I’d like to start this edition of “Nature” off with a bird count for the week: seven house sparrows, one white-breasted nuthatch, one titmouse, one blue jay, one cardinal, two chickadees, one downy woodpecker, one red-bellied woodpecker, a plethora of Canada geese and zero California condors. You might be asking yourself, Nick, why did you include the largest North American land bird, a bird that’s native to the West Coast, on this list? Well, if someone would like to give me the gift of meeting a great big California condor for my birthday, I would give that person a great big hug. Take notes, mom.
This week I met with many of the different nature communities and viewed all of their different performances, some rivaling Broadway’s “Wicked.” Enjoy their various scenes.
Sept. 27, 11:42 a.m.: As a valued member of the Skinner Greenhouse staff, I get paid to kill a lot of plants. That particular Monday, I was taking out plants in front of Sanders Physics. The only problem was that there was a bumblebee buzzing around the flowers, picking up pollen, oblivious to my destructive intentions. A tub of guilt swelled within me. I should have reminded myself at that moment that there are plenty of plants in the sea, and that I shouldn’t have been worried if I killed just a few of the bumblebee’s friends. But what if I killed its favorite flower? The bumblebee had been nothing but nice to me in my life, unlike the wasp who had been rude and brazenly tried to eat my blueberry muffin with me although I didn’t invite him.
Sept 30, 11:00 a.m.: In my continued war against plants, I uprooted some potted ones that Wednesday. In one pot, I found a bug community under the roots––a metropolis of ants and pill bugs. I’m assuming the pill bugs are like cars to the ants in the city of soil, and, similar to the cars in the movie “Cars,” they are just as alive.
Sept. 30, 6:28 p.m. (Intermission): I saw a group of people holding their phone cameras up to the sky in excitement. There were a few things I could think of that they could have seen in the sky and would have prompted this reaction: Superman, a California condor or a romantic airplane banner that said something like “Jennifer, I’m sorry I cheated.” It’s the repair in the relationship that ultimately counts. I looked over the sky before finally I just saw it. From carmine to orchid, it was all there: a rainbow. After a drizzly afternoon there seemed to be a promise of a brighter day.
Oct. 2 1:56 p.m: The sky kept that promise for a nice warm weekend for parents, none of which were mine (I wonder how you could make that up to me, Mom). While looking for additional birds to report on for the week, I found something that wasn’t a bird but rather a respectable fish. I was passing by a young fisherman at Sunset Lake who was reeling in his pole when suddenly a fish popped out of the water on his line. I’m no fish expert, but us naturalists sometimes must confer with our fellow experts to get the complete story. He told me it was a small bass and that he had hooked some bigger ones earlier but was unable to reel them in. I decided to believe that second part. I got a quick snap of the small bass and bid the young fisherman good luck with his work. I continued my walk and then immediately passed a sign that said “no fishing.” Considering the fisherman did not seem like the violent type though, I assumed he released the little bass back to the fish community and no father fish was left asking, “Have you seen my son?” No harm no foul.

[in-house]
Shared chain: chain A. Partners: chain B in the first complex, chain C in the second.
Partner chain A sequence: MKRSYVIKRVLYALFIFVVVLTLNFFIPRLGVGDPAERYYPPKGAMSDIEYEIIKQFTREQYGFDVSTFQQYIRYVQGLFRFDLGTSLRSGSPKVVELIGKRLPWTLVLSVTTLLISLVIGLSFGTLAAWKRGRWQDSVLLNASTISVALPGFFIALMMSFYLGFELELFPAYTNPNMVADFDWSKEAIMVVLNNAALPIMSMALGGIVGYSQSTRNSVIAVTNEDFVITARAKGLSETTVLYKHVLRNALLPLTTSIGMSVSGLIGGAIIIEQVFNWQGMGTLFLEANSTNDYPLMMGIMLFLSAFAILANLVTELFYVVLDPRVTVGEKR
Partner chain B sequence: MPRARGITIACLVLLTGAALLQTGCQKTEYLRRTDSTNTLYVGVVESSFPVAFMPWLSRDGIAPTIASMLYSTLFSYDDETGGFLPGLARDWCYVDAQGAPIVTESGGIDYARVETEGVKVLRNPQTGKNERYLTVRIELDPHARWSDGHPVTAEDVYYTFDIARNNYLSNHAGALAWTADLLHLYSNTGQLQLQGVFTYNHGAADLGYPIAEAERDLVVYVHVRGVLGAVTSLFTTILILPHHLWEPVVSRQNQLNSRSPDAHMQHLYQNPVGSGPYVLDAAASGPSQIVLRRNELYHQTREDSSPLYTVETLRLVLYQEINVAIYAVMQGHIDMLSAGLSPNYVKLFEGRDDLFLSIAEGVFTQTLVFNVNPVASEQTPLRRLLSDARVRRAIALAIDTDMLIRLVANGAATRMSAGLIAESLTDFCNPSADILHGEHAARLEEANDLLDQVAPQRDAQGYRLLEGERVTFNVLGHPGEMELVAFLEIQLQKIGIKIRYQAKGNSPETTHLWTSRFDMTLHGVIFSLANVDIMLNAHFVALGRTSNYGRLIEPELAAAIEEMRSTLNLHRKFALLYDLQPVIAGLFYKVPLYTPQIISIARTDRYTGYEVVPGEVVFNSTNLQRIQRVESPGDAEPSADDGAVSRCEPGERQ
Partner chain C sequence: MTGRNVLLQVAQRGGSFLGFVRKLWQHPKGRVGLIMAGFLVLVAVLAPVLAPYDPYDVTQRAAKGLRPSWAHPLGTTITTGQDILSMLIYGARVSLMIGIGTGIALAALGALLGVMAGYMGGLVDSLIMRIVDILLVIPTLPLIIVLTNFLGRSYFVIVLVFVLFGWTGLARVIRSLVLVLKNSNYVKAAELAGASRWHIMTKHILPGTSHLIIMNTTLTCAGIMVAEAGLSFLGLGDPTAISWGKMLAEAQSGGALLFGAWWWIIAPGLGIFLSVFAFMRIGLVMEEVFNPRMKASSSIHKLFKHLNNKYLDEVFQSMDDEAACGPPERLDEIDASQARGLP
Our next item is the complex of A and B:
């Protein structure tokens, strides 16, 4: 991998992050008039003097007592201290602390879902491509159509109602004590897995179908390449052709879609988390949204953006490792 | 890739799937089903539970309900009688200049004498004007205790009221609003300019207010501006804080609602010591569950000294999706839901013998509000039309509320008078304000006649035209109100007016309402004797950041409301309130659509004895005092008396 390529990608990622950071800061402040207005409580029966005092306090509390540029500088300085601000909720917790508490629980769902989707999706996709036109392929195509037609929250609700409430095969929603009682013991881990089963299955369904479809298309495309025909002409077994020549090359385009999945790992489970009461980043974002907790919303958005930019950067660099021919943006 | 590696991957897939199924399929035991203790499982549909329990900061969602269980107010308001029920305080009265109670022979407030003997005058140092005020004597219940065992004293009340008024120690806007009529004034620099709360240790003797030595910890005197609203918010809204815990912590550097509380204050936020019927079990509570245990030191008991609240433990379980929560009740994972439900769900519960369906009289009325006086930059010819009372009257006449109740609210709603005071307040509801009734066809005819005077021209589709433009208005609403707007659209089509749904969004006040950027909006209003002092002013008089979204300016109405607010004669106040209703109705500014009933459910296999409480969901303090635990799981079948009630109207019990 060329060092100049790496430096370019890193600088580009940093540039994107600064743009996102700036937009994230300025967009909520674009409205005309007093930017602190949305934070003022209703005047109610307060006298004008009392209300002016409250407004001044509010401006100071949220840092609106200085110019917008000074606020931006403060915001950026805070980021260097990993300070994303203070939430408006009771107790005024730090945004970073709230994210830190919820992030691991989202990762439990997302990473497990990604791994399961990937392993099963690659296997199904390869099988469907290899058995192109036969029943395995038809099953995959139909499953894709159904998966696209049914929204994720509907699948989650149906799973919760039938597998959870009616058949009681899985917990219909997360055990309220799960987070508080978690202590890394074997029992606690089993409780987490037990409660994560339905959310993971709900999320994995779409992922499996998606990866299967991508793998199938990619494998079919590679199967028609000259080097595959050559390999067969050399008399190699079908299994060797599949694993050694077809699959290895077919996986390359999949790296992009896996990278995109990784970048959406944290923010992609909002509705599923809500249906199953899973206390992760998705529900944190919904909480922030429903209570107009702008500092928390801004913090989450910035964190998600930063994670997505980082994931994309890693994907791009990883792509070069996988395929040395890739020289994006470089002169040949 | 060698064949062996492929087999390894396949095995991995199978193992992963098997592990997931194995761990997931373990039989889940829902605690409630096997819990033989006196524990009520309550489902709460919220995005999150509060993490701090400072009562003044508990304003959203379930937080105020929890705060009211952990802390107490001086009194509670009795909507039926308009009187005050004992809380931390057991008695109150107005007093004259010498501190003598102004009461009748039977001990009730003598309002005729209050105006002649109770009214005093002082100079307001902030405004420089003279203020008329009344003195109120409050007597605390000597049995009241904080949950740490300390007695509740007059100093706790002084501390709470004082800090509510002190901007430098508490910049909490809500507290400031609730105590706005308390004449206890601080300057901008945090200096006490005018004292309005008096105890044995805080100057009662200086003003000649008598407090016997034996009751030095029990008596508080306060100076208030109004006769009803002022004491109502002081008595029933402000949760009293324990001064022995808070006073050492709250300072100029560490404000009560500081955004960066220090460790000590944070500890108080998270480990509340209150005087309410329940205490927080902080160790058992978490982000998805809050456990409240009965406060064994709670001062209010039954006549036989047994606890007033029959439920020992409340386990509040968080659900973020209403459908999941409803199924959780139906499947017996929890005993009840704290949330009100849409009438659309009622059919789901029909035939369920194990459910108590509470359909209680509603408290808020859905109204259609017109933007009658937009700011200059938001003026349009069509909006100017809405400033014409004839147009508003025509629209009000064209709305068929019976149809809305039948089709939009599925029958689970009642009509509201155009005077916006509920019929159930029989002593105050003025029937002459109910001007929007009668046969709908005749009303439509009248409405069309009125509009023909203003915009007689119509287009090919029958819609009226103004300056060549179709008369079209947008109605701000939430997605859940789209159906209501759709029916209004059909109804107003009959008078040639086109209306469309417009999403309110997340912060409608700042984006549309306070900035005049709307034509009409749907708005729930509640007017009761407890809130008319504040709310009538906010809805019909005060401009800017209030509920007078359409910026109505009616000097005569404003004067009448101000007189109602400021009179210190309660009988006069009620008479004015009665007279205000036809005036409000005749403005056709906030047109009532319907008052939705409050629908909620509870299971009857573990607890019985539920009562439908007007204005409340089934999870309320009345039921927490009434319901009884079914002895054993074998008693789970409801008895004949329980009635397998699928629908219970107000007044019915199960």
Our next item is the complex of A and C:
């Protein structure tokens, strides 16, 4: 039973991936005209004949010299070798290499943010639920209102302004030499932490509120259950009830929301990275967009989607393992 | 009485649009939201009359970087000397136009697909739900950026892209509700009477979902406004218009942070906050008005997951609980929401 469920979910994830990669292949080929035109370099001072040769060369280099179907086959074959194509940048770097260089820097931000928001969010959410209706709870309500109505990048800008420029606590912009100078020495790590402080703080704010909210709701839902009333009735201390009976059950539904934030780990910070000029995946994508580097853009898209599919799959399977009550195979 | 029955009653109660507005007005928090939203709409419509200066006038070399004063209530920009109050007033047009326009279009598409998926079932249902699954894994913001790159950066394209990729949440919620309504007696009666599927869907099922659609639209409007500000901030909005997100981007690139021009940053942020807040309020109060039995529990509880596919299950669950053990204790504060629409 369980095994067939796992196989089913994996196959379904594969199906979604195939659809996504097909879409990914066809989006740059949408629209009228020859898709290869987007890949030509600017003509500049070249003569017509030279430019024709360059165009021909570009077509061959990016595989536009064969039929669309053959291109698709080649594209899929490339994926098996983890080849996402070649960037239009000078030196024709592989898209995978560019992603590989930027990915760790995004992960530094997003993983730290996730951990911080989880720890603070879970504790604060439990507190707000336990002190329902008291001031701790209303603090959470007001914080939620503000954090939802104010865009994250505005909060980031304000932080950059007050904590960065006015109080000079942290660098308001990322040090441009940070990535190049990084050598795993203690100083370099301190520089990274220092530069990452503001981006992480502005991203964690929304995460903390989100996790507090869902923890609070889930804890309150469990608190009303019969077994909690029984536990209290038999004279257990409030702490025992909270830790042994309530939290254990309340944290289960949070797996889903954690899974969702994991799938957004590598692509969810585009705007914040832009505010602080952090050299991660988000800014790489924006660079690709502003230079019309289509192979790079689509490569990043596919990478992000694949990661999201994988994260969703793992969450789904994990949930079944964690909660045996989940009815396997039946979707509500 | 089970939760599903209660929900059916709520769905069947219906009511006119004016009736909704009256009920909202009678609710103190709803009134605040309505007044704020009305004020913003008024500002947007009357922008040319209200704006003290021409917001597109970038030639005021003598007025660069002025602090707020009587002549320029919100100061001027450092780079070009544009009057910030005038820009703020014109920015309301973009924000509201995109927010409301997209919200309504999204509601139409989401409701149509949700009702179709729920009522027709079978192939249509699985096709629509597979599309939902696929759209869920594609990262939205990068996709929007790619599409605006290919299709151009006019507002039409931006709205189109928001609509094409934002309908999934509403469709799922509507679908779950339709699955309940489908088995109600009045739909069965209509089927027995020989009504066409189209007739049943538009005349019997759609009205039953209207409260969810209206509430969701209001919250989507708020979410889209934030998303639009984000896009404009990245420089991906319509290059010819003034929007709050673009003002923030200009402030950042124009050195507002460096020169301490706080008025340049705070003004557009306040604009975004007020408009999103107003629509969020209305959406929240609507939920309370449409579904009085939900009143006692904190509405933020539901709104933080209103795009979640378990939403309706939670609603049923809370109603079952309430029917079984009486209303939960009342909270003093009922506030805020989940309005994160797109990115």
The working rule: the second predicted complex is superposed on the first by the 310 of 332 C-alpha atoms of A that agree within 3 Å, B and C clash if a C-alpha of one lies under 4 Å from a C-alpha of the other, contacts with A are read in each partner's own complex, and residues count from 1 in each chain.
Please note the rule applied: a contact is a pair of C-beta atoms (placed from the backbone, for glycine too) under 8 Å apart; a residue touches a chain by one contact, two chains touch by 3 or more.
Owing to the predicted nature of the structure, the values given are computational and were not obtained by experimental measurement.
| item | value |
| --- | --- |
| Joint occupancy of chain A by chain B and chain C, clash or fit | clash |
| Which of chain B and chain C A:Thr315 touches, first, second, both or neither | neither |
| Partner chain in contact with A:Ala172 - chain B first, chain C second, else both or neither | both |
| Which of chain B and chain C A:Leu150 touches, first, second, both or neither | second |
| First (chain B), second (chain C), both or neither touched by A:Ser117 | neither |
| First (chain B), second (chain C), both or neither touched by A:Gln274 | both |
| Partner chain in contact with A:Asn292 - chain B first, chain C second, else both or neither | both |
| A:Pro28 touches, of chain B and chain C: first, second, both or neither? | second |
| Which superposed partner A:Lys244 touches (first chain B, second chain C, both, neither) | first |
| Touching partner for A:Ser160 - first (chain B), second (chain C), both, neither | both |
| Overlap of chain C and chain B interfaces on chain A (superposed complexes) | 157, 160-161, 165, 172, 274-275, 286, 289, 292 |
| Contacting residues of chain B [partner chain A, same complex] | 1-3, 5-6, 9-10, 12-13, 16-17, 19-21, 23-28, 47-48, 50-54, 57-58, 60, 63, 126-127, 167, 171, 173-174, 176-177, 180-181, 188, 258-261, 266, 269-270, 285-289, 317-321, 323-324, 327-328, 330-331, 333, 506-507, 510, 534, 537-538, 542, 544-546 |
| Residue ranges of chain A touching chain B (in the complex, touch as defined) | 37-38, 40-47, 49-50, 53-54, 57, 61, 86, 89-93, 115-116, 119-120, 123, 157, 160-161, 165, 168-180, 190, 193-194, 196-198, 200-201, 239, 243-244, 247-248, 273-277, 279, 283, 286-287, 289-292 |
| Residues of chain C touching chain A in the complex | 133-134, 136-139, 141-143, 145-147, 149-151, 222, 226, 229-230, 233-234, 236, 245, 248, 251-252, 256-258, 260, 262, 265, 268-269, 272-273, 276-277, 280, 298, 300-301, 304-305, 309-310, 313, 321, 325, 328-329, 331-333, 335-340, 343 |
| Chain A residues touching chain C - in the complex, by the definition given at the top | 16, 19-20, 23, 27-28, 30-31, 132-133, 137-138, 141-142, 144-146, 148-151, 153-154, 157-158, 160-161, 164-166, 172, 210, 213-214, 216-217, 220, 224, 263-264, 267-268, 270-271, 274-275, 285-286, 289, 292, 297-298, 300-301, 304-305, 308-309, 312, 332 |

Later in my investigatory bird walk, I found a path off by the golf course that seemed to house a community of birds. It was that afternoon when I first heard the call of the little catbird, which sounded a bit like a very perturbed cat. This is how the catbird communicates its feelings to the world. Now think about a time when you’ve had trouble communicating your feelings. Could this have been improved by sounding like a hurt cat? Something to think about.
This week I met with the earth, sky and water communities and greatly increased my scope of nature. I answered the question of, “What lives in those waters, that soil, those trees?” I can now answer that question. There are plants, bugs, fish and birds in these places, with each animal playing their own part in the nature theatre. Just as well, I play my own part in the community too. In Nature’s community production, I’d like to think I’m Glinda to the Catbird’s Elphaba.